Dallas Willard often mentioned a book that was one of his favorites: Lawson’s Deeper Experiences of Famous Christians. I read it again recently and came across this little paragraph about the difference between surrender and self-abandonment:
A will surrendered is not always a will abandoned.
“…as Madam Guyon says, ‘A will surrendered is not always a will abandoned.’ Many who have surrendered their wills to God are still anxious to carry out their own plans and ambitions, and are greatly vexed when their plans are thwarted.” (Lawson, James Gilchrist. Deeper Experiences of Famous Christians. Uhrichsville, OH: Barbour Publishing, Inc., 1999, p. 99.)
Personally holy, vocationally unholy.
Guyon wants to distinguish between surrender and abandon. I’m not sure that distinction makes sense to many American Christians. Maybe this is like Eugene Peterson’s idea of the possibility of being personally holy, but vocationally unholy. There is a kind of personal surrender that affects one’s life, but when it comes to vocation, ministry and leadership, many of us are still attached to our own plans and visions for God that they believe are good and will be blessed by God.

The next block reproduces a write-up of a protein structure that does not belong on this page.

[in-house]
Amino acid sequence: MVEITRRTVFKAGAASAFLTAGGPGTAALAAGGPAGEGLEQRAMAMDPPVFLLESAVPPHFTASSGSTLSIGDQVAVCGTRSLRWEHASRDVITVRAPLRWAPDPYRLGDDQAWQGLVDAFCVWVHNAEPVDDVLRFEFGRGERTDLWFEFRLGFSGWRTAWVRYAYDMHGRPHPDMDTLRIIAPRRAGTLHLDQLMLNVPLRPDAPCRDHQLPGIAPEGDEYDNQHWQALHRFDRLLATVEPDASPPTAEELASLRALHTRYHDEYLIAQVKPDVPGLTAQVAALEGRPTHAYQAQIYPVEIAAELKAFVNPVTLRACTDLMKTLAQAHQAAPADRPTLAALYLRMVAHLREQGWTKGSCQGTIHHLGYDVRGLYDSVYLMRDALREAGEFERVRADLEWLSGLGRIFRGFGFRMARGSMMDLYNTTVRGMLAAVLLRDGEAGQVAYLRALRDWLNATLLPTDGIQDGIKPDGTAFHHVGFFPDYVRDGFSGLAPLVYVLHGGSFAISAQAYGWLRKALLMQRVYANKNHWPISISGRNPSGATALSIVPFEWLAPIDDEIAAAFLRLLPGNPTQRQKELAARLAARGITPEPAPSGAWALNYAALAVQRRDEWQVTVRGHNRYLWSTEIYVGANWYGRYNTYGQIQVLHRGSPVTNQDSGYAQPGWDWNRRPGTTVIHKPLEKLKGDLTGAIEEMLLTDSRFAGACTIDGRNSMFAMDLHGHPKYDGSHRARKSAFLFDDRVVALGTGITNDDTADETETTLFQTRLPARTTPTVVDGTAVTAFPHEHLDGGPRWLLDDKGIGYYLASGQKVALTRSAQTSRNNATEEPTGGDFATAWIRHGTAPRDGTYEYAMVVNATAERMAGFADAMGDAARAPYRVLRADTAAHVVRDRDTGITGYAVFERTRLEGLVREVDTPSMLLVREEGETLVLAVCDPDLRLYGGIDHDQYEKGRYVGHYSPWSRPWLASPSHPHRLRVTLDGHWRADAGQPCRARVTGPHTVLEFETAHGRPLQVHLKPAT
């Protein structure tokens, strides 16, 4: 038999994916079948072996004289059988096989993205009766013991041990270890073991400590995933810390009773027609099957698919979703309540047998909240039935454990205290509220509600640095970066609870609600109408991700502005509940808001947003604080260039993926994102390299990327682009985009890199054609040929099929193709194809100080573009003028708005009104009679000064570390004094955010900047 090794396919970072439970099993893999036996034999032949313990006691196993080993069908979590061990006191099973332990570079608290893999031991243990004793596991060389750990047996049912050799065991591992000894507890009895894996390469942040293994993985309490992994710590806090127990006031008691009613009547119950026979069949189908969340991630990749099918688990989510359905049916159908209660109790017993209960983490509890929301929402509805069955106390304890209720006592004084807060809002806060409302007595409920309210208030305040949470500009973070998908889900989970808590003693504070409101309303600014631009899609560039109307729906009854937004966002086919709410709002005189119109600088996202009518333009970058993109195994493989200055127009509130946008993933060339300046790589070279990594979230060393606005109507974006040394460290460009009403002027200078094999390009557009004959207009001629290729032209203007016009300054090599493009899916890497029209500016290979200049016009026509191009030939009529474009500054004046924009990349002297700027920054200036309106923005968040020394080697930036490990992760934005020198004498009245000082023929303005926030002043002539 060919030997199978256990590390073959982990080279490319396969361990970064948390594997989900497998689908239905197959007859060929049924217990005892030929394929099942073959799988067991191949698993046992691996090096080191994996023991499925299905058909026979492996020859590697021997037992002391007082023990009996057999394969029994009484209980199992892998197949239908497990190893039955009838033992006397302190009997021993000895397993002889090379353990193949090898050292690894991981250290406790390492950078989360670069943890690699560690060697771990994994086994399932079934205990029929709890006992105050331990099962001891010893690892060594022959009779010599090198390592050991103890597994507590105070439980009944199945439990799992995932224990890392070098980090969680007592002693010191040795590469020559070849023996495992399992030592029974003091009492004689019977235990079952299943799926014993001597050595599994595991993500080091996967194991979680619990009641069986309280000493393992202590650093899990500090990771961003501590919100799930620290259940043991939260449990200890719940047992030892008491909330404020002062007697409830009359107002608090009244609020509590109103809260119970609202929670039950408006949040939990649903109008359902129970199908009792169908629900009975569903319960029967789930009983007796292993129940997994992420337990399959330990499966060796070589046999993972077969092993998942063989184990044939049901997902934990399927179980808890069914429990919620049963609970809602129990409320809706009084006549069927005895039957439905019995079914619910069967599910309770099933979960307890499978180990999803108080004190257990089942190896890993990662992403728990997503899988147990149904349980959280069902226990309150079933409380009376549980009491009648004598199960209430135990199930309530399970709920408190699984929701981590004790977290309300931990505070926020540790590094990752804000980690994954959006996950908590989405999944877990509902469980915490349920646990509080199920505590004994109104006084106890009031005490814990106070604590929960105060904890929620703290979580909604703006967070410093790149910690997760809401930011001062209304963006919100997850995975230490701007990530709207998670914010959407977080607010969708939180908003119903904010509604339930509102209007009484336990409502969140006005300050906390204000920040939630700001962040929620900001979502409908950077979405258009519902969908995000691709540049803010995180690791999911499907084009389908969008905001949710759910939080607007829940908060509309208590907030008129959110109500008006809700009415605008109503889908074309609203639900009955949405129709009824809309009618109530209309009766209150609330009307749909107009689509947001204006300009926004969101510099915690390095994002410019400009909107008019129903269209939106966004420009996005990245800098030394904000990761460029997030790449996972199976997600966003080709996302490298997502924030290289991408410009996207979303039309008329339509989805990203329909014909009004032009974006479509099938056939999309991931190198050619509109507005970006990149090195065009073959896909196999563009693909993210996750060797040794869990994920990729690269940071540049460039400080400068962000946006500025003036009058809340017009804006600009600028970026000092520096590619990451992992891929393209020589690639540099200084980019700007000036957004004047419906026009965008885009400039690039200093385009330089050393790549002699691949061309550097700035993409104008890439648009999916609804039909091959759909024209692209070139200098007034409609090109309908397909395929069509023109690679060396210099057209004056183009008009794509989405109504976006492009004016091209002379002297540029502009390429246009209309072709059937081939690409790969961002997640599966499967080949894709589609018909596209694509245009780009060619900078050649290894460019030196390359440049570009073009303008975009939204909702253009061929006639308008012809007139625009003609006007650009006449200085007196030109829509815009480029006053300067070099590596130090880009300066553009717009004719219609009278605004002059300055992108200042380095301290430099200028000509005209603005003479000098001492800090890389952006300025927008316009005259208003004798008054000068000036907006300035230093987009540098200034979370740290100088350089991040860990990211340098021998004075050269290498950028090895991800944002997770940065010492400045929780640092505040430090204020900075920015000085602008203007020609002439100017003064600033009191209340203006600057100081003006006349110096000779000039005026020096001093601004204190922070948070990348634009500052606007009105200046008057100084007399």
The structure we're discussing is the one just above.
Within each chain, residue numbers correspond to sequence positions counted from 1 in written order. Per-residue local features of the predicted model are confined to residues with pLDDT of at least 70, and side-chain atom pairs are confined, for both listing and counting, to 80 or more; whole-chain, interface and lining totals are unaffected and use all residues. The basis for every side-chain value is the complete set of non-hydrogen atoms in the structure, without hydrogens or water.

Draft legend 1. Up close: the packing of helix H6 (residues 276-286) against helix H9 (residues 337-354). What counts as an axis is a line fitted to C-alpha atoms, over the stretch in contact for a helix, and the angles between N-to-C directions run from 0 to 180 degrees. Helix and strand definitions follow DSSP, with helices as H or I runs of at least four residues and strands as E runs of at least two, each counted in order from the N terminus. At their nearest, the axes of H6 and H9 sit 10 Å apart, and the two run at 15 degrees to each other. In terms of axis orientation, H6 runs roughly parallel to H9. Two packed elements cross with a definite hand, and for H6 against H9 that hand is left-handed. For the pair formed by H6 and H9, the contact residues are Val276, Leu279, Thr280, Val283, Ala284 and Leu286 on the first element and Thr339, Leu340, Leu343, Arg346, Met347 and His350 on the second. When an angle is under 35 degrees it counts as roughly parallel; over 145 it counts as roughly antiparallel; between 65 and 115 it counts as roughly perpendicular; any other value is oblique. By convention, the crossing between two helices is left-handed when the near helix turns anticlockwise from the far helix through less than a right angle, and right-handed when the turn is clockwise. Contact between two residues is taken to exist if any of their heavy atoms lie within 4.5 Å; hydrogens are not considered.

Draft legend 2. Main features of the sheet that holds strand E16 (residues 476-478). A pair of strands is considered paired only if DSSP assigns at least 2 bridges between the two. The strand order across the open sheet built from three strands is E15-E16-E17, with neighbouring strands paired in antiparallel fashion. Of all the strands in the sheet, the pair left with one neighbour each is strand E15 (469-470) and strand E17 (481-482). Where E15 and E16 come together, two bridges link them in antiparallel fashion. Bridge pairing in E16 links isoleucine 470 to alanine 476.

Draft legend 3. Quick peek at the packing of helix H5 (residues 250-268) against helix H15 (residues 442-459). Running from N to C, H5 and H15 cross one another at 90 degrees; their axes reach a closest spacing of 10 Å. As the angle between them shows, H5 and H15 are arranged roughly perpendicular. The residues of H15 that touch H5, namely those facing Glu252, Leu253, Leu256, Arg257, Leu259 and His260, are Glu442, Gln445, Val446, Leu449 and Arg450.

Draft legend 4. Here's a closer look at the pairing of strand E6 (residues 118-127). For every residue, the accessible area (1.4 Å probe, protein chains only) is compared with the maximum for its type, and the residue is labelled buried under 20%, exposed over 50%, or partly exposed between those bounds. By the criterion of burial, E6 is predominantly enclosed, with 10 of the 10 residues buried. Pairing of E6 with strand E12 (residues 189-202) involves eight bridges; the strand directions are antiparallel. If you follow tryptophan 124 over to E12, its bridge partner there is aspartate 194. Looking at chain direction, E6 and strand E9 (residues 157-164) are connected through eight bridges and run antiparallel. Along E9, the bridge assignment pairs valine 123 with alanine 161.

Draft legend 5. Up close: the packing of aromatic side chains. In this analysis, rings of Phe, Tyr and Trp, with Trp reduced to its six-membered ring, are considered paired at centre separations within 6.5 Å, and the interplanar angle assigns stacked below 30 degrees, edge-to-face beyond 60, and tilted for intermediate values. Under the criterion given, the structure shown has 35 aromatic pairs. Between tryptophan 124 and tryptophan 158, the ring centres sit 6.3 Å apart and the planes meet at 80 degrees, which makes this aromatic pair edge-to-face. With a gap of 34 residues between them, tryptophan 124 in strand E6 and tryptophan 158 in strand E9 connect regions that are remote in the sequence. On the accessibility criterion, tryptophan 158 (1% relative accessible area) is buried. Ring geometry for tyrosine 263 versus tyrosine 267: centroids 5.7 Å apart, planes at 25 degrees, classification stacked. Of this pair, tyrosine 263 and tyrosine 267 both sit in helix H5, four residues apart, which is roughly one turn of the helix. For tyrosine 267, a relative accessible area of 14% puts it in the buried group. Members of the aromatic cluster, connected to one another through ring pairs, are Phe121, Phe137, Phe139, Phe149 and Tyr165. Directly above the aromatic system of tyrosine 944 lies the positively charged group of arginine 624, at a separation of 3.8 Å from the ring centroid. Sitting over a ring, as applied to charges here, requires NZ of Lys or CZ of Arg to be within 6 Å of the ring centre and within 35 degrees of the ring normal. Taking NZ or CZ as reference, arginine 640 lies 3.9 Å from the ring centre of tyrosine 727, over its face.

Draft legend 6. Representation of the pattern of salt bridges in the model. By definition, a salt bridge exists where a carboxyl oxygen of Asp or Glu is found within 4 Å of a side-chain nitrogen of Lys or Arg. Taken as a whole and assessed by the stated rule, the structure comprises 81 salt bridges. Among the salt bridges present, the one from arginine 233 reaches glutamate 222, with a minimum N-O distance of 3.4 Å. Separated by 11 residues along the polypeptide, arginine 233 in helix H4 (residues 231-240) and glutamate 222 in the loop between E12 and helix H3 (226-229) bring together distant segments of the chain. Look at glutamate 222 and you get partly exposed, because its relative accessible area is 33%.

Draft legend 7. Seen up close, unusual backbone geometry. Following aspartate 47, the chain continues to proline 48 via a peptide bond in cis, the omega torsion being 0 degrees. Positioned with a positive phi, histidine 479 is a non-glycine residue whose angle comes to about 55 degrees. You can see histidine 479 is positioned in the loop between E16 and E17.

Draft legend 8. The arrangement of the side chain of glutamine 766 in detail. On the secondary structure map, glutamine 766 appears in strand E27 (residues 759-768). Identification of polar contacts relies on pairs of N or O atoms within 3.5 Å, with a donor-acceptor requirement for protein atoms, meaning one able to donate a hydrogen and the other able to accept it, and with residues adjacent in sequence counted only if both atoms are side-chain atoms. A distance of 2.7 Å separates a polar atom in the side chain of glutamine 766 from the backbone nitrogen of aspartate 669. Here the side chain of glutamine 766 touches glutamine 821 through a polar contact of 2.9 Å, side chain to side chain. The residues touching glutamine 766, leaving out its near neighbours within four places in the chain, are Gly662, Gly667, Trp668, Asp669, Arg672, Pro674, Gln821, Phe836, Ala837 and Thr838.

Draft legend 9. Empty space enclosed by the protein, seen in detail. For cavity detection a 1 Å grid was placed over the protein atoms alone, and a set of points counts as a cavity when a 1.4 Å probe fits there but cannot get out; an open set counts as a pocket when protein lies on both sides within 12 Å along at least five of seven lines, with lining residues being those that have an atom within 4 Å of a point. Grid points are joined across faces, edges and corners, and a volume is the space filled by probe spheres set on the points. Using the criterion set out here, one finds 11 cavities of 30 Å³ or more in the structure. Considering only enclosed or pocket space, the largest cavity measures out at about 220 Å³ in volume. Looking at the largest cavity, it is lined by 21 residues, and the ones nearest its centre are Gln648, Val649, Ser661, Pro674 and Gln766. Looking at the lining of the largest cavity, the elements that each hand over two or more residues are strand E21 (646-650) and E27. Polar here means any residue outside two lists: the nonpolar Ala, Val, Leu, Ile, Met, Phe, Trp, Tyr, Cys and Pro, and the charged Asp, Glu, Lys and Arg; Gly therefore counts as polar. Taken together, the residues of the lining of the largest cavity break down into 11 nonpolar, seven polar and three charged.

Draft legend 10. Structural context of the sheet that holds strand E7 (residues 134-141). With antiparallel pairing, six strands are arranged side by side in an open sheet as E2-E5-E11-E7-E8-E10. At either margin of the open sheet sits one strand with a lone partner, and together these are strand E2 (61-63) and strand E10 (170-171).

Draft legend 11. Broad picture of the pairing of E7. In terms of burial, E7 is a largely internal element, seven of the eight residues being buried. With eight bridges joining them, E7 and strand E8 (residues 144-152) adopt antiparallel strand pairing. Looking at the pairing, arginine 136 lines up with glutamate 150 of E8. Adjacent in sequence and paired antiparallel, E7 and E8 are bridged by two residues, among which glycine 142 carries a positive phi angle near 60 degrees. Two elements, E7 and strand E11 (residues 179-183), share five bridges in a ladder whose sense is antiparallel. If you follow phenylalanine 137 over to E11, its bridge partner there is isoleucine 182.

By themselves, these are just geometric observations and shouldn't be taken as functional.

Abraham’s premature initative.
This would sound like a meaningless subtlety to many leaders, but from where I stand it is a theme that comes up so often in the Old Testament especially. Abraham just knows that taking initiative with Hagar is something God will bless because Abe is just helping God fulfill his promise. The “what” is something God said would happen. Abraham, though, decided on a “how” that was not at all on God’s heart and, in fact, grieved God.
How we grow the church.
There isn’t much difference between this and some of the ways we “grow the church” because God wants more and more people to come to trust Jesus. So these leaders equate whatever it takes to get more people coming as a way of fulfilling the kingdom intentions of Jesus. They are not at all a necessary overlap.
Is there something you feel rather clearly called by God to do? Have you considered whether God also has something to say about how it is to be done?